Before I actually integrated an API in my application, the term “API” sounded like an un-understandable term to understand for a noob developer like me.
Today, whenever building a full-fledged application with my team, I always think about what APIs would be needed for the application. I also get annoyed if I don’t get proper documentation of those APIs.
I, a noob developer, was able to understand the actual meaning of that un-understandable term after I integrated it with an application.
But I see plenty of my friends who don’t understand what API actually means. They seem confused while explaining it to me.
Hey.. Don’t You Worry!
That’s the reason I’m here for. I’ll explain to you:
- How do we use these APIs in our daily life
- What does the term API mean
- Why do need API in our lives
- How an actual API looks like
1. How do we use these APIs in our daily life?
Trust me, we do use APIs in our daily life!
Let’s start with some common APIs that we all use in our everyday. The most prominent example would be:
a. Login Authentication on various websites. You must have seen the buttons saying “Login with Google”, “Login with Facebook”, and “Login with Apple” along with the normal Email and Password login fields.
Login page of Spotify
They are so convenient to use, isn’t it? They don’t ask for your email or password, you just have to click on it, and boom! you’re authenticated. How cool is that? and who remembers their password anyway. I always go for the “forgot password” option if not with Google, Facebook, or Apple authentication.
So, wherever you see these “Login with XYZ Company”, it means that XYZ Company has provided their APIs to authenticate users through their database.
b. Ecommerce Payments — If you have ever bought something from any e-commerce website, you’ve definitely seen different options for payment like GPay, PhonePe, and PayTM under the UPI section, right?
Payment options in Flipkart
So why do you see GPay, PhonePe, and PayTM on all the e-commerce websites while you pay for the product?
It’s because these companies have provided their APIs which the e-commerce companies use to make their payment process simple.
c. Google Map Directions — Let’s say you’ve ordered something through your food delivery app like Zomato or Swiggy. Now you will be able to see your delivery person’s location, so, how is this happening?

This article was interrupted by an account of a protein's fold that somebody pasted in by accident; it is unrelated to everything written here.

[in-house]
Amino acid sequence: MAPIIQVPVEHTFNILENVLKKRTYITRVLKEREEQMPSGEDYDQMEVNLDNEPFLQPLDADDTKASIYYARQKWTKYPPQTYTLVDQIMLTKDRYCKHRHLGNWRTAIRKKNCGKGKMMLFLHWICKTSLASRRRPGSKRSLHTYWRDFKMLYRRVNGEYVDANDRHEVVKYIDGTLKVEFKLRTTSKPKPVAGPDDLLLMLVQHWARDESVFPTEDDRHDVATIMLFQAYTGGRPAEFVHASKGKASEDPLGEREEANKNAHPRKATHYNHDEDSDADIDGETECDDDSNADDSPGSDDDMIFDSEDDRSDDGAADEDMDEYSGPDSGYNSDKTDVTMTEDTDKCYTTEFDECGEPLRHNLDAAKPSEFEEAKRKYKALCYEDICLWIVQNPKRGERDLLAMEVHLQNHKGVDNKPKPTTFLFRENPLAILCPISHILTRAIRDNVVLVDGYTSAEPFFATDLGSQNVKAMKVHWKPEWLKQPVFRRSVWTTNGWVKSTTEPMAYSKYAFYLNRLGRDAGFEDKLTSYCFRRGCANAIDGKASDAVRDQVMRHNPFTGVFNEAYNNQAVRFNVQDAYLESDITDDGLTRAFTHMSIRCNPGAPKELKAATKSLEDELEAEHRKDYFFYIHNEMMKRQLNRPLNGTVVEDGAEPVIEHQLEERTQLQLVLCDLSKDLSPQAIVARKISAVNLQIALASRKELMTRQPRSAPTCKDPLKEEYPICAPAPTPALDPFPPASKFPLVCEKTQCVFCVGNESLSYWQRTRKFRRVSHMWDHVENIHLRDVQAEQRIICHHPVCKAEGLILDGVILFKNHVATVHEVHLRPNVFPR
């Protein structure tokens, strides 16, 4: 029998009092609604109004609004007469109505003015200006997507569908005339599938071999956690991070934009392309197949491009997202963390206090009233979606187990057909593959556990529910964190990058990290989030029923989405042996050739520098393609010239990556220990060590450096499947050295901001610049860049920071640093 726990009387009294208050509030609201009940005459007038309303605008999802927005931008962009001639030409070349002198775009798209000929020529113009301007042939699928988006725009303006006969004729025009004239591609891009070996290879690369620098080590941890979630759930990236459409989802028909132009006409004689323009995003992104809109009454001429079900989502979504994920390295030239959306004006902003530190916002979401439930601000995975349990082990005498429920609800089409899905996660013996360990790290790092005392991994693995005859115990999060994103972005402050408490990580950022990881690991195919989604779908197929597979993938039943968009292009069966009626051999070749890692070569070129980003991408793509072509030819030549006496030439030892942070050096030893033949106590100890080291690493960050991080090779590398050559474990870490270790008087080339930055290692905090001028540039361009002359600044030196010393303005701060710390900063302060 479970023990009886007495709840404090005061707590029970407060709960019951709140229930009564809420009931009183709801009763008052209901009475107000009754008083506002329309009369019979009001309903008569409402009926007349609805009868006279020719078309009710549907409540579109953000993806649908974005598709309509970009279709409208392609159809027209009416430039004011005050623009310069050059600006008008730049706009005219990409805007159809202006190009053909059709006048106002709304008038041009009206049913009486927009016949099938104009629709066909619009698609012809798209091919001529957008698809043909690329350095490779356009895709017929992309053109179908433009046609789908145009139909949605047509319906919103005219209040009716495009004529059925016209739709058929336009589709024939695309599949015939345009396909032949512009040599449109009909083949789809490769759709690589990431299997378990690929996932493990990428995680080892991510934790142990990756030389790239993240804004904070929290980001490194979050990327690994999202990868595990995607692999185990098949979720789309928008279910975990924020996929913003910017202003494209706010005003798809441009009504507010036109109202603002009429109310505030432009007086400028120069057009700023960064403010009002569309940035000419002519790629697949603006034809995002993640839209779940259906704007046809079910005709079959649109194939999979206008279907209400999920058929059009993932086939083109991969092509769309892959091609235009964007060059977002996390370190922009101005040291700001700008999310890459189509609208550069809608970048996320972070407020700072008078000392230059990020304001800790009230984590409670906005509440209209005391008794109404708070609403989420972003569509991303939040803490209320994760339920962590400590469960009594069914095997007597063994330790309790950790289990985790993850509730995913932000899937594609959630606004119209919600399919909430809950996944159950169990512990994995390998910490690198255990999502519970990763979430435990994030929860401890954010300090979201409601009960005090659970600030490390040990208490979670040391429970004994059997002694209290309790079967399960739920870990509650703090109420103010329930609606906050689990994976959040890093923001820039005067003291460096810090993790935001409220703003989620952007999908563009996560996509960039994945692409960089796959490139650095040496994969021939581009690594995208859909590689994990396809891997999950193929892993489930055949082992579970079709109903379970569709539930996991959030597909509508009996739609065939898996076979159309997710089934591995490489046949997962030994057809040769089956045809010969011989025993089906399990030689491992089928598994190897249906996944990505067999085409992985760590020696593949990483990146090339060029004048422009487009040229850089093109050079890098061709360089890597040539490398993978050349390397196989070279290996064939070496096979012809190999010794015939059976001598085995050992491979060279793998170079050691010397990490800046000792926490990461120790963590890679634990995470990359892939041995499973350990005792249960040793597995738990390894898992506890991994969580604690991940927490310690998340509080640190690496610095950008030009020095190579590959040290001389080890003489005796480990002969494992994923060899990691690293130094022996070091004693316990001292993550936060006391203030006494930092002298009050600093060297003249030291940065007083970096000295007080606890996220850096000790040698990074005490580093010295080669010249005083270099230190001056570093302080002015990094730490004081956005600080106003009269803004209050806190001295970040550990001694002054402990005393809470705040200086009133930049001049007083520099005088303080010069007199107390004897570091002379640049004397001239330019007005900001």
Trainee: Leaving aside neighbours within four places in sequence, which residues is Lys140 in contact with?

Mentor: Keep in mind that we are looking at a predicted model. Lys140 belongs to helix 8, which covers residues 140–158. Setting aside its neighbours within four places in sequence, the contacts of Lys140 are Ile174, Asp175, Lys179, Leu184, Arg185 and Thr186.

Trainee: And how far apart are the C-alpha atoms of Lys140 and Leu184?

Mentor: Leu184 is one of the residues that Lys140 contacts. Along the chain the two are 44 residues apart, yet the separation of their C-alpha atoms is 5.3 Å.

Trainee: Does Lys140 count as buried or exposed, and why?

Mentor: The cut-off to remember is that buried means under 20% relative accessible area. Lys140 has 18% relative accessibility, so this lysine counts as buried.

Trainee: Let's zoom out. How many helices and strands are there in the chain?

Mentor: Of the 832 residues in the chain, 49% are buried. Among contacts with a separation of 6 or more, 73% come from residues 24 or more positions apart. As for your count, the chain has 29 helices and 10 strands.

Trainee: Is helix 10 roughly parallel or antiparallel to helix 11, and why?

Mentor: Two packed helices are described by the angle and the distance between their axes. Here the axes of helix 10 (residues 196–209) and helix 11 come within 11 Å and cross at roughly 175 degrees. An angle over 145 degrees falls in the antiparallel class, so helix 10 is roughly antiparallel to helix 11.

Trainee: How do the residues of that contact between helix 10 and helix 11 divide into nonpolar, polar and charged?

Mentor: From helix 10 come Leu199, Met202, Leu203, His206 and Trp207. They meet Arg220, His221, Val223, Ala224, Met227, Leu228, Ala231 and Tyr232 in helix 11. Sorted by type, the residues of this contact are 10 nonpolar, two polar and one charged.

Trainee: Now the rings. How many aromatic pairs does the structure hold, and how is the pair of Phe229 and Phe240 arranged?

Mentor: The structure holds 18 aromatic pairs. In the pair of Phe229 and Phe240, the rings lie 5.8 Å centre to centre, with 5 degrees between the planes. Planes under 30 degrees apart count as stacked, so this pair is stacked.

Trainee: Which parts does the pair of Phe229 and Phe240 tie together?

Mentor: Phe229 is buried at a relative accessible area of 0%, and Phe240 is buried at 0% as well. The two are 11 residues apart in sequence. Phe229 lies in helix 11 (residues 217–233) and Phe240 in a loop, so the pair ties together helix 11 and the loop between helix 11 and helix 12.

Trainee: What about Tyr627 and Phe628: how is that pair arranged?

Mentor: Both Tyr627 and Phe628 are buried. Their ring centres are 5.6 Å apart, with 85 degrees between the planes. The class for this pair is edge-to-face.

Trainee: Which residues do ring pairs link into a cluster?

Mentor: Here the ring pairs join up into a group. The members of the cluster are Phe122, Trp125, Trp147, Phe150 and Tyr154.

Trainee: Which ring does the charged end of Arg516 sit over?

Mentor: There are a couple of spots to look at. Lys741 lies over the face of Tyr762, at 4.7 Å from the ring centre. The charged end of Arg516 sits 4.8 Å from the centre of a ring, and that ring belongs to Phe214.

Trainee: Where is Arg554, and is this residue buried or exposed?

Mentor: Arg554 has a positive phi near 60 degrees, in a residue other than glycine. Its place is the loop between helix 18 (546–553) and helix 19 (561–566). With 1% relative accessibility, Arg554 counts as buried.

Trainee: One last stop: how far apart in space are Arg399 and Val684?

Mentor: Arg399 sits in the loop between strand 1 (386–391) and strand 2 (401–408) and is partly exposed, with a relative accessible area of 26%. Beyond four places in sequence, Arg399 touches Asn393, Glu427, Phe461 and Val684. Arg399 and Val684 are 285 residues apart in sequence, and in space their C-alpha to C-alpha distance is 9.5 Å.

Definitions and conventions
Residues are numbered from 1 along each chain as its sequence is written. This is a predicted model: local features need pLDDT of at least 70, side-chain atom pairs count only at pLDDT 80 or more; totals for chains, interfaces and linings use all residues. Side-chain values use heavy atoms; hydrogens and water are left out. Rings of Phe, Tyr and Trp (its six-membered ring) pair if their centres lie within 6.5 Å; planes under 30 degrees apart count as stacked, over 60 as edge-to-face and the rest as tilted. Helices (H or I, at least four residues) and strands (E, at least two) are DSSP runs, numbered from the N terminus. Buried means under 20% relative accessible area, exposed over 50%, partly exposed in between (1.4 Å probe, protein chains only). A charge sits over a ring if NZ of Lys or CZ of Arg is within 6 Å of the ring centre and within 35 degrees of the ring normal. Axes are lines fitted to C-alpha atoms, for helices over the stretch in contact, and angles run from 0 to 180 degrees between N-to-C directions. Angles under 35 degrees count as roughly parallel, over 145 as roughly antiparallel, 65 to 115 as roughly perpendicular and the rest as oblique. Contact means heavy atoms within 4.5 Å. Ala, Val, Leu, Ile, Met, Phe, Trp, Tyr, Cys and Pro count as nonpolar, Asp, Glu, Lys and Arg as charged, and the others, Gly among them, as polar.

Order tracking page of a Food delivery app
So the map that you’re watching on your mobile is provided by Google Maps and your food delivery app is asking for your delivery person’s current location from Google Maps. Hence with the help of APIs, Google Maps is able to send that particular data to your mobile.
2. What does the term API mean?
By definition, an API or Application Programming Interface is a connection between two computer programs.
In simpler terms, API is a middleman that carries the data between the application and the database.
Let’s understand this line using the most popular example of a customer ordering some food in a restaurant.
Imagine you’re sitting at a table in a restaurant with a menu of choices to order from. The kitchen is the part of the “system” that will prepare your order. What is missing is the critical link to communicate your order to the kitchen and deliver your food back to your table. That’s where the waiter or API comes in. The waiter is the messenger — or API — that takes your request or order and tells the kitchen — the system — what to do. Then the waiter delivers the response back to you, in this case, it is the food.
In technical terms, if we talk about a website, API is software that connects the frontend(the web pages that you see and interact with) of any website to its database so that the data on the database could be shown on the website. And also the data on the database could be added, modified, or deleted using the frontend of the website.
Still, there is more to it, let’s understand that in the next part.
3. Why do need API in our lives?
An API is needed to connect an application to a database.
Here, I used “a database”, which means that APIs can access any database as soon as they have permission to access that database.
Let’s take an example of Amazon, you see a bunch of products on their home page, they have over 12 million products in their own database.
To show a product’s data on their website:
They have to request the API to get a particular data from the database
Then that API requests the database to provide that particular data
Once received, API gives back the same data to the frontend that is being received from the database.
This is how an application connects to its own database.
Now talking about connecting with other databases!
As I’ve mentioned earlier, e-commerce has UPI as one of its payment methods. So what happens here is that the actual payment happens through the company you choose to pay to Amazon. Let’s say you chose PayTM, so you are actually doing a normal UPI payment to Amazon just like you do UPI payment to any other person.
Now for Amazon to check if the transaction has happened:
It requests PayTM’s API to check if a particular user has paid the required money to Amazon or not
Then that API requests the same to PayTM’s database
If the database responds with a yes, the API tells Amazon that the user has paid the amount. That’s it!
That’s all the processes that happen behind the scenes.
And now you know how API connects an application with their own database as well as other companies’ databases too.
4. How an actual API looks like?
You see, that is how cluttered it looks in the first place. Let me just show it in a proper JSON format.